Israeli battle tanks near the border with the Gaza Strip
Conflicts across the globe show no sign of abating © AFP via Getty Images

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Passive investors whose ethos is to try to take very long-term views on their portfolio construction face some hard choices.

This year, a record number of people globally will go to the polls, conflicts in Ukraine and the Middle East show no signs of abating and on a purely technical basis investors have to ask themselves whether the US market, which tends to have a heavy weighting in many portfolios, can continue to trade at record highs.

Andrew Prosser, head of investments at InvestEngine, a UK neobroker that provides DIY and model portfolio solutions using ETFs, advises patience.

“A useful starting point when making investment decisions is to remember that the market, while not perfectly efficient, is incredibly difficult to beat — even for the professionals,” said Prosser.

He pointed to the latest updates to long-running research by S&P Dow Jones Indices which shows that over 15 years more than 90 per cent of actively managed large-cap funds underperformed the S&P 500, and that even over a one-year measure ending in June 2023 only 40 per cent of such funds managed to outperform their benchmark.

Prosser said a case could be made for reducing exposure to the Magnificent Seven — Alphabet, Amazon, Apple, Meta Platforms, Microsoft, Nvidia and Tesla — given that their combined market cap was now the same size as the combined Japanese, Canadian and UK equity markets. But he added that the companies could be trading at a premium justified by their expected earnings.

Line chart of S&P 500 index (points) showing Wall Street's benchmark keeps climbing to fresh record highs

If passive investors did decide to reduce their exposure to these companies, Prosser said they should “avoid making radical changes”.

Despite widespread fears that the US market is overvalued, Nutmeg, the UK-based digital wealth platform which uses ETFs to build client portfolios, is also comfortable with prevailing price levels.

“Against the broader consensus calls for a slowdown in the US economy going into 2024, we have been positioned for a more robust US economic backdrop since the autumn,” said James McManus, head of investments at Nutmeg.

He said Nutmeg was forecasting a soft landing for the US economy, and recommended the iShares S&P 500 UCITs ETF (CSPX) for UK-based investors looking at US large caps, and the JPMorgan BetaBuilders US Small Cap Equity UCITs ETF (BBSD) for small caps.

McManus said that in Nutmeg’s view, the biggest risk to US equities was a rise in bond yields.

“We think the market has been too aggressive at the beginning of January by pricing in 1.5 per cent of interest rate cuts by the turn of 2025,” said McManus.

Brian Kraus, senior vice-president of systematic ETFs at Hartford Funds, said investors would nonetheless be wise to focus on the gap between US and non-US valuations.

“Non-US stocks typically trade at a discount to US stocks and today that discount is deeper than it has been in a long time,” Kraus said, adding that the S&P 500 was now at a 12-month trailing price/earnings ratio of around 23 vs a 20-year average of 18.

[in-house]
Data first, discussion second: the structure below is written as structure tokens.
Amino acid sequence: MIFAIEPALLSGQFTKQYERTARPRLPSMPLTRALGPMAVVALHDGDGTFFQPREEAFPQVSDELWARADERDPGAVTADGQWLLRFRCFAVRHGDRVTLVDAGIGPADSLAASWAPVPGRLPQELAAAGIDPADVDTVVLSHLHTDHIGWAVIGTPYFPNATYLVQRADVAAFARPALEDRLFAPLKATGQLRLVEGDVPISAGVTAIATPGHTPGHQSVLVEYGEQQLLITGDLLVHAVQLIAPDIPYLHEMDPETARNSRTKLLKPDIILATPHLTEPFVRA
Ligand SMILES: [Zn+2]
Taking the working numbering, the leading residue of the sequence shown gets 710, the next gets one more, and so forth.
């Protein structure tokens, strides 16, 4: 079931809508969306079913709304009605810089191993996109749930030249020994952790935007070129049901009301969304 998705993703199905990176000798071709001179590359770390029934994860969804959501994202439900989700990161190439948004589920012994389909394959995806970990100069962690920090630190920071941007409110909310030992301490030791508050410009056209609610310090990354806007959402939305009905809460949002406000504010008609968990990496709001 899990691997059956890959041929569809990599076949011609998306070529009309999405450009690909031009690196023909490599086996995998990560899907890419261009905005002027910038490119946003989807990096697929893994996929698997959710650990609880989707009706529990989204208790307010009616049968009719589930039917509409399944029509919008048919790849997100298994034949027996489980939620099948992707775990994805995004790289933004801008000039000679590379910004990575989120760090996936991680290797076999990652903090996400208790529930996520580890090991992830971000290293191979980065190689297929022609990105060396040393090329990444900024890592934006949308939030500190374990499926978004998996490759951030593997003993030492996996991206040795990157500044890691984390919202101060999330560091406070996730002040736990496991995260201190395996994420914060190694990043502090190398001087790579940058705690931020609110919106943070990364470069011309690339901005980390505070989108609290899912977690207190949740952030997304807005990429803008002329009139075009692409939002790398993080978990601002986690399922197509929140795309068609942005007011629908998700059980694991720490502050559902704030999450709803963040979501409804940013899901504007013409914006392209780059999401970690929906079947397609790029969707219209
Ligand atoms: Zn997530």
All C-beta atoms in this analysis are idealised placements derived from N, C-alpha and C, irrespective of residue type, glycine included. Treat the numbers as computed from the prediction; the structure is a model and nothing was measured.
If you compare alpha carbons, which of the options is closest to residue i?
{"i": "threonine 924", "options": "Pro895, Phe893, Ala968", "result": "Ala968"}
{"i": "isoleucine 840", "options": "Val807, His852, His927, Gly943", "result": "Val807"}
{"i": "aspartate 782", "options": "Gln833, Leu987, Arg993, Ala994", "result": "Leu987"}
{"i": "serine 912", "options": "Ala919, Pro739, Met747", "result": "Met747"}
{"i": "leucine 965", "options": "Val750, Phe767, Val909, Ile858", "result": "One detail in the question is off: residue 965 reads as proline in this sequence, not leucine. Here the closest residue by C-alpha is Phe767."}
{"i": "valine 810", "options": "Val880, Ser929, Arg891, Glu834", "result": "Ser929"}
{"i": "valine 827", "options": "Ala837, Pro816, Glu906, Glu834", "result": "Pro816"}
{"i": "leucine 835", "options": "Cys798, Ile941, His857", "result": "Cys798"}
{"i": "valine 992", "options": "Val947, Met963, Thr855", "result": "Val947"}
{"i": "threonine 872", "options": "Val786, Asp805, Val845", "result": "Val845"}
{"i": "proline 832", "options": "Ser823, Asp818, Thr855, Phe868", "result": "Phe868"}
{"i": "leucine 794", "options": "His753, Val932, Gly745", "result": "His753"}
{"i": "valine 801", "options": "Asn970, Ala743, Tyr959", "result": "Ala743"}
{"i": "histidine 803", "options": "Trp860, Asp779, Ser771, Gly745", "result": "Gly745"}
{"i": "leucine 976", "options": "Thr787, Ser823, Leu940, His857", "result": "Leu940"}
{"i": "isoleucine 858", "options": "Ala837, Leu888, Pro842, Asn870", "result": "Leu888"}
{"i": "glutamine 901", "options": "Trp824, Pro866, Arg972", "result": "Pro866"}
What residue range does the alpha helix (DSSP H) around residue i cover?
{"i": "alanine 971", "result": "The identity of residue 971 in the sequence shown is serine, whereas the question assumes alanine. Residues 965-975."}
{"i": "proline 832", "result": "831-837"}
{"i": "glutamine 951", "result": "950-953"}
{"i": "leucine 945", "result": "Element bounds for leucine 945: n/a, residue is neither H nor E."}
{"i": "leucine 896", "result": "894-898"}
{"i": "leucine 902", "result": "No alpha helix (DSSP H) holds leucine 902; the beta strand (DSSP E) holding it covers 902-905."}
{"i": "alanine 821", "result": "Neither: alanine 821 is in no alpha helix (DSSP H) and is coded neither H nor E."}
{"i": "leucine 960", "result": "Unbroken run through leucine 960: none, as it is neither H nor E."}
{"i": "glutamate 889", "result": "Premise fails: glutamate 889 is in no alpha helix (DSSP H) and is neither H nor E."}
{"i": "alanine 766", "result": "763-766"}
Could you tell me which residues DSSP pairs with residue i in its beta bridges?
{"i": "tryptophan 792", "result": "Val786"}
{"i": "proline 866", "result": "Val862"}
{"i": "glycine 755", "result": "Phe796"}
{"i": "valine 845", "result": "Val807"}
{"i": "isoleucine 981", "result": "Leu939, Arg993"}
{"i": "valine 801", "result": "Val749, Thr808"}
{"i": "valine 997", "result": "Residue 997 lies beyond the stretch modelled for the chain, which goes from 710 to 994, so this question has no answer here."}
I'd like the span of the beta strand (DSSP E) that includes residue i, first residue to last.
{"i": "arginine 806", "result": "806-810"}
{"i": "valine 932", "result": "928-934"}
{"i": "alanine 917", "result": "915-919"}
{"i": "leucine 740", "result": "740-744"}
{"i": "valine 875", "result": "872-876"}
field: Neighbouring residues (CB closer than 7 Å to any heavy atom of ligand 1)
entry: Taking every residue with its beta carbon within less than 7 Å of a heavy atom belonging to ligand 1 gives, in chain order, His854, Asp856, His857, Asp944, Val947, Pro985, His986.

He compared the S&P 500’s pricing with the MSCI EAFE index, which includes equities from 21 developed markets excluding the US and Canada. That index is currently trading at a price/earnings ratio of around 14 vs a 20-year average of 15.

With the backdrop to 2024, Kraus said investors should expect to have to hold on to their broader strategy during a bumpy ride.

“Market participants don’t like uncertainty. Geopolitical risk — we currently have two wars, both of which have a myriad of potential timelines and outcomes — the US election and central bank policy risk all add up to a lot of uncertainties,” he said.

However, Prosser pointed out that while the conflicts were “serious and tragic on a human level”, markets tend to “remain focused on corporate earnings growth and economic fundamentals which have, perhaps surprisingly, driven markets higher during times of war”.

In terms of potential political change, he said there were different lessons to draw from history. He pointed to academic research which found that in the US, going back to 1929, the average annualised return for the US stock market under Democrat governments had been just under 13 per cent per year vs 5 per cent under Republicans. 

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However, the academics had found that this result appeared to be country specific and a study of 24 OECD countries and 173 governments found there were statistically no significant differences in returns between left-wing and right-wing governments either in the election period or throughout the tenure.

The divergent views, particularly on what to expect from US equity returns, might pose some dilemmas, market observers agree.

However, Jim Masturzo chief investment officer, multi-asset strategies, at Research Affiliates, the smart beta index specialist, urges patience.

He writes in a research note that “we do not expect equity exposure, especially US equities, to be nearly as profitable in this decade as it was in the last”.

But he adds: “A decade dominated by strong returns from a small subset of US growth stocks doesn’t warrant a revamped approach. It didn’t make sense to abandon valuations and conditional return expectations in 2000 at the peak of the tech bubble or in 2009 at the bottom of the global financial crisis and it doesn’t make sense to do so now.”

Like Prosser, he argues “patient investors . . . will ultimately be rewarded”.

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